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Increased Carcinoembryonic Antigen Expression On the Surface of Lung Cancer Cells During Radiotherapy

R Mueller1,2,3*, S Yasmin-Karim3,4 , J Hesser1,2,5,6 , W Ngwa3,4,7 (1) University Medical Center Mannheim, Mannheim, Germany, (2) Heidelberg University, Heidelberg, Germany, (3) Brigham and Women's Hospital, Dana-Farber Cancer Institute, Boston, MA, (4) Harvard Medical School, Boston, MA, (5) Interdisciplinary Center for Scientific Computing (IWR), Heidelberg, Germany (6) Central Institute for Computer Engineering (ZITI), Mannheim, Germany, (7) University of Massachusetts Lowell, Lowell, MA


(Sunday, 7/29/2018) 4:00 PM - 4:55 PM

Room: Davidson Ballroom A

Purpose: Cancer-specific antigens are a promising target of immunotherapy approaches for cancer treatments, but rely on a sufficient expression of the target-antigen. This study investigates the expression of the carcinoembryonic antigen (CEA) on the surface of lung cancer cells under irradiation in vitro.

Methods: Human lung carcinoma cells A549 were treated and expression of CEA on the cell surface measured using flow cytometry 3 hours, 24 hours and 72 hours after irradiation at 2Gy, 6Gy, 10Gy, and 20Gy. Cell viability was stained using propidium iodide and only viable cells analyzed regarding CEA expression, measured as percentage of CEA-positive cells.

Results: For 24 hours and 72 hours post irradiation at Stereotactic Body Radiotherapy (SBRT) doses of 6Gy and 10Gy, the increase of CEA-positive cells in percentage points was between 5 and 8. The expression was highest after 20 Gy showing an increase of 12 and 17 percent points after 24 and 72 hours, respectively. Overall, an increase in CEA-expression was observed for both increasing radiation dose and time. Overexpression of CEA was further confirmed by doubling in mean fluorescent intensity after 20Gy and 10Gy for 24 and 72 hours post irradiation, respectively.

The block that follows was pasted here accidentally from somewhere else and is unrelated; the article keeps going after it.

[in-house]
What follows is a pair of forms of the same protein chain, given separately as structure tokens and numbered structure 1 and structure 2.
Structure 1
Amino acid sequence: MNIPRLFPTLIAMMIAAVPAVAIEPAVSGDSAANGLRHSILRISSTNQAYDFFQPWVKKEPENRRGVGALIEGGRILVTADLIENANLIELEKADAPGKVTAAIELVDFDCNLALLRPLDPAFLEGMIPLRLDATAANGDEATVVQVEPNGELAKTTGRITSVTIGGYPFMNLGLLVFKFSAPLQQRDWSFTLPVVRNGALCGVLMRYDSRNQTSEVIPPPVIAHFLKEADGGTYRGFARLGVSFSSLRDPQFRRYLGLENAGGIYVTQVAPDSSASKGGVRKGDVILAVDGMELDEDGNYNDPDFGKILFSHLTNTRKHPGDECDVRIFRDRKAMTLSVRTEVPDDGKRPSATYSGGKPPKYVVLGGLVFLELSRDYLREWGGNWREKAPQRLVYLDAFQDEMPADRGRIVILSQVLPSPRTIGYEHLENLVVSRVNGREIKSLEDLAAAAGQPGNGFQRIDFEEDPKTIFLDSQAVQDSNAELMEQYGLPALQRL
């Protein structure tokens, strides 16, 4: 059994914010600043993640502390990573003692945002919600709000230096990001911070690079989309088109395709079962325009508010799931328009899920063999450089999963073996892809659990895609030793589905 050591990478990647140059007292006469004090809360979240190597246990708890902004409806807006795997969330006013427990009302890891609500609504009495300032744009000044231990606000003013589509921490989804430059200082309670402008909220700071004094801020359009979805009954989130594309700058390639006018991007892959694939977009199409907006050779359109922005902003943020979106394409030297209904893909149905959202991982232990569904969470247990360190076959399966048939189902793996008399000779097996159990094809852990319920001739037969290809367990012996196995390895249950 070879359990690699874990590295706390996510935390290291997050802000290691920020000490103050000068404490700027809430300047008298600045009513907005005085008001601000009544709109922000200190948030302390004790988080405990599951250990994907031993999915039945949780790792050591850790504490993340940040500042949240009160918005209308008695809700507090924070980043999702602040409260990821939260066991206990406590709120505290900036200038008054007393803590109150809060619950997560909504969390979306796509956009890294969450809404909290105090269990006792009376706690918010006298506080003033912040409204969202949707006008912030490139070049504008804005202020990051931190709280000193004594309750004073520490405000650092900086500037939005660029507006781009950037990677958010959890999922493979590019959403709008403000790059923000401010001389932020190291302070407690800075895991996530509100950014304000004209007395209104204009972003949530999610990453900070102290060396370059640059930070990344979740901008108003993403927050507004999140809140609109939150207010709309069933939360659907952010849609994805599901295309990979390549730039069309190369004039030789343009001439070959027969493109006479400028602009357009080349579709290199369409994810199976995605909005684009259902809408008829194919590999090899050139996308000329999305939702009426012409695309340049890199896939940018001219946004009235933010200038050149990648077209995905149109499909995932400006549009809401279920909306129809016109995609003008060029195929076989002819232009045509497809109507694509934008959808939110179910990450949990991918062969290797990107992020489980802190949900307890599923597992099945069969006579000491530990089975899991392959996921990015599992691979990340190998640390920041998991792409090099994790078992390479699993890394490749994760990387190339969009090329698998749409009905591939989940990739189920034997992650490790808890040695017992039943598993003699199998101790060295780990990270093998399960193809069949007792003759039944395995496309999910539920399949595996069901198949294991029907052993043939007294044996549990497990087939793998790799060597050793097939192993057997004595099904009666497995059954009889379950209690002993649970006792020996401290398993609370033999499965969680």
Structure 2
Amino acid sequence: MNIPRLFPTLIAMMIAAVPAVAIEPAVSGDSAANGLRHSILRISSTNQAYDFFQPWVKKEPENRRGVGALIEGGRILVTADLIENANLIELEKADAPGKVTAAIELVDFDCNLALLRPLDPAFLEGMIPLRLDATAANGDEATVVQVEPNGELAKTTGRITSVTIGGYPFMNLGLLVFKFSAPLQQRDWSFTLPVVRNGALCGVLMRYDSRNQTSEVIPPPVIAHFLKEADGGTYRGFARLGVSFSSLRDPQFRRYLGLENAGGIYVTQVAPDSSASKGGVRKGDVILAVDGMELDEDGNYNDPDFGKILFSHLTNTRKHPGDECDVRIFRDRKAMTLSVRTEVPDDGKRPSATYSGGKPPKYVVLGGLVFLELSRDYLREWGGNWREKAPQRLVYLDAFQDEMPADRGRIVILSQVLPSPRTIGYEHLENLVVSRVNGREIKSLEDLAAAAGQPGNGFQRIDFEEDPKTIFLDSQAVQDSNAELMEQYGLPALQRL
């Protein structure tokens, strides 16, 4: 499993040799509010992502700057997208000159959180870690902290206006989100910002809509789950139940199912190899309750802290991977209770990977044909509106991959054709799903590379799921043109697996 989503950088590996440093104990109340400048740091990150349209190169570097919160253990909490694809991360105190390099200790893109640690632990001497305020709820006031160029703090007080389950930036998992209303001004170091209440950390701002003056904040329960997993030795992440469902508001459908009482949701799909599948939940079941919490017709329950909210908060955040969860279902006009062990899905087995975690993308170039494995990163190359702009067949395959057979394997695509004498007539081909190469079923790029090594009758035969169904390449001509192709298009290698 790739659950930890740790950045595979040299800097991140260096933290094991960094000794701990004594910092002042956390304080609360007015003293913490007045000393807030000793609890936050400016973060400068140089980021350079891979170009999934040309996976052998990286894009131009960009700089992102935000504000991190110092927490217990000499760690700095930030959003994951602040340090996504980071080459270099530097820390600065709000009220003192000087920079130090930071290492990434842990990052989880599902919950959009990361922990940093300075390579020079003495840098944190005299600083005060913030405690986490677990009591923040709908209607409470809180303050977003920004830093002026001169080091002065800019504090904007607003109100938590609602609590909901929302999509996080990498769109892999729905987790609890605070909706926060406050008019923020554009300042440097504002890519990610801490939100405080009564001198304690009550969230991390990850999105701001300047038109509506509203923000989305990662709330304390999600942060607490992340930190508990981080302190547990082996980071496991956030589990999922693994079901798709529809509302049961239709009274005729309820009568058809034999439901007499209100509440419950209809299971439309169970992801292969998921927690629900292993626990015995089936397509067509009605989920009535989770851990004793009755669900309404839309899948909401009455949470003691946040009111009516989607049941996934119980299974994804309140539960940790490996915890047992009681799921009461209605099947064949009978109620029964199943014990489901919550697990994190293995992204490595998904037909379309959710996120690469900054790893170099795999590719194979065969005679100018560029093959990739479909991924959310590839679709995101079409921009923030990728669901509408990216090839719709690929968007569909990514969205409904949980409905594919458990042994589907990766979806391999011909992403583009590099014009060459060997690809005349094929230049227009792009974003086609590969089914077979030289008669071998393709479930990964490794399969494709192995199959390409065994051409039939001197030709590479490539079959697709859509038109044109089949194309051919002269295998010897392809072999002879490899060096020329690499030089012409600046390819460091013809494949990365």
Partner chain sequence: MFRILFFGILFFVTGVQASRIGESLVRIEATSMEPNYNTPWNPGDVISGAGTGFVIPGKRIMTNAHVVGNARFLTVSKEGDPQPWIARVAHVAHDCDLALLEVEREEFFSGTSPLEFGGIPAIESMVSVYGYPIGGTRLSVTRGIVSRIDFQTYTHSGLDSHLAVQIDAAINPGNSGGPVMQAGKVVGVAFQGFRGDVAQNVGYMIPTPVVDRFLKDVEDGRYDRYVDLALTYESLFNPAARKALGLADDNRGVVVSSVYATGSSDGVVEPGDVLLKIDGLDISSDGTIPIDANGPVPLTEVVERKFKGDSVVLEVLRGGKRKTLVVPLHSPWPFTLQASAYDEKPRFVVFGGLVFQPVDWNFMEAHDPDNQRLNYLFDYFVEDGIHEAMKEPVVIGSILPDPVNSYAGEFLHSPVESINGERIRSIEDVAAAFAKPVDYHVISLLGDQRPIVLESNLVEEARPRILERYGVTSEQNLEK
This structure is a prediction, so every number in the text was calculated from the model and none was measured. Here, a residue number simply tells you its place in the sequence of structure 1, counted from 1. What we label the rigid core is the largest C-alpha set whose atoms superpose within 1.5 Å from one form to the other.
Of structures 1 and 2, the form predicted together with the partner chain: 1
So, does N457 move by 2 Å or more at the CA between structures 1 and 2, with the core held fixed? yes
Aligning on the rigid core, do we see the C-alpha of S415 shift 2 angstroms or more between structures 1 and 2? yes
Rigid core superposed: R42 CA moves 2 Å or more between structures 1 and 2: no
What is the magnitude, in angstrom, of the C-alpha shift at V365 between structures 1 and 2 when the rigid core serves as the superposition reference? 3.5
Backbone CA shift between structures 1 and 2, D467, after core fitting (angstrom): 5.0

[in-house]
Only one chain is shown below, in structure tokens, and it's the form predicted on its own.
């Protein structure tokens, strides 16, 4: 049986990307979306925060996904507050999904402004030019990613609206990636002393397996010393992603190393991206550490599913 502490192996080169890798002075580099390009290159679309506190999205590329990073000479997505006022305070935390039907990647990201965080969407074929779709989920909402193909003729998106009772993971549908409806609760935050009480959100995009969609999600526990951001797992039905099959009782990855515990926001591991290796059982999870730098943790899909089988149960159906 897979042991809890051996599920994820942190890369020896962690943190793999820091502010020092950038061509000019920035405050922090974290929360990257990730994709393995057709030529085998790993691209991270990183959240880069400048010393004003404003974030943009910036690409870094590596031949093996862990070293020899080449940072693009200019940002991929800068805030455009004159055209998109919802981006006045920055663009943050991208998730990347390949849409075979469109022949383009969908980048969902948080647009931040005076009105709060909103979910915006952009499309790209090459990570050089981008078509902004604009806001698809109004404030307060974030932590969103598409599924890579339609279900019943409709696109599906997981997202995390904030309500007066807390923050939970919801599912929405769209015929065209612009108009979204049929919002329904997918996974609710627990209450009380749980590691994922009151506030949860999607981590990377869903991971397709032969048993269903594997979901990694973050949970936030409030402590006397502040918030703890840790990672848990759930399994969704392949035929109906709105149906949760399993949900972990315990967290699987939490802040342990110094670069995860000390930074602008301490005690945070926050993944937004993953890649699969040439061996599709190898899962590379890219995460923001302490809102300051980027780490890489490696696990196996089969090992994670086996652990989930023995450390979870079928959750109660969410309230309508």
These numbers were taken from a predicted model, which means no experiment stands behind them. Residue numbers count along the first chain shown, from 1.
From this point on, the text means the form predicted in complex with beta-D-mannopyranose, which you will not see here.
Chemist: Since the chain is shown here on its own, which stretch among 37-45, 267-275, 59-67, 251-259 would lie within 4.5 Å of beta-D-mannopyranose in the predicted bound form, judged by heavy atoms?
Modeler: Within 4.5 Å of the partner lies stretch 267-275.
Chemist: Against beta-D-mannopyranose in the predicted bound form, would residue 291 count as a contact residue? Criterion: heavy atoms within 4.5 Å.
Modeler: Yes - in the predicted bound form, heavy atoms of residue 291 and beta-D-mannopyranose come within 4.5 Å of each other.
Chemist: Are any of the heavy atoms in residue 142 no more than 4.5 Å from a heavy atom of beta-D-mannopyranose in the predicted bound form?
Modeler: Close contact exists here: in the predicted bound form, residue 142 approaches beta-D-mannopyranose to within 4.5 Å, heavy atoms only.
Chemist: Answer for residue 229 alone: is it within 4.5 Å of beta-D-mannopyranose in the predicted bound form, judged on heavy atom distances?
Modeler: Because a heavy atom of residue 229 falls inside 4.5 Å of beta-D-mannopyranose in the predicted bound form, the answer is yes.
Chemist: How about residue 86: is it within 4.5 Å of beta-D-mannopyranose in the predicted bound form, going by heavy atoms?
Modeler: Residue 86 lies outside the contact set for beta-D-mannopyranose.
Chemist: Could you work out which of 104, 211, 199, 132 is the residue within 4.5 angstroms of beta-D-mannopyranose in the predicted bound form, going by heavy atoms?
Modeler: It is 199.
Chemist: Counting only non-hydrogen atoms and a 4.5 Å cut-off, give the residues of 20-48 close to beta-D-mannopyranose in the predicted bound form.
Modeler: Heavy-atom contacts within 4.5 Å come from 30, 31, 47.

Conclusion: This experiment shows an increase in CEA-expression on a human lung carcinoma following irradiation. We observed increase in expression with increasing radiation dose and in a time dependent manner up to 72 hours post irradiation. This result demonstrates that CEA may be a promising target for immunotherapy following irradiation. The results also indicate that the timing of immunotherapy targeting CEA should take the time after which this is administered into consideration.


Radiobiology, Lung, Ionizing Radiation


TH- Radiobiology(RBio)/Biology(Bio): Bio- tissue and microenvironment

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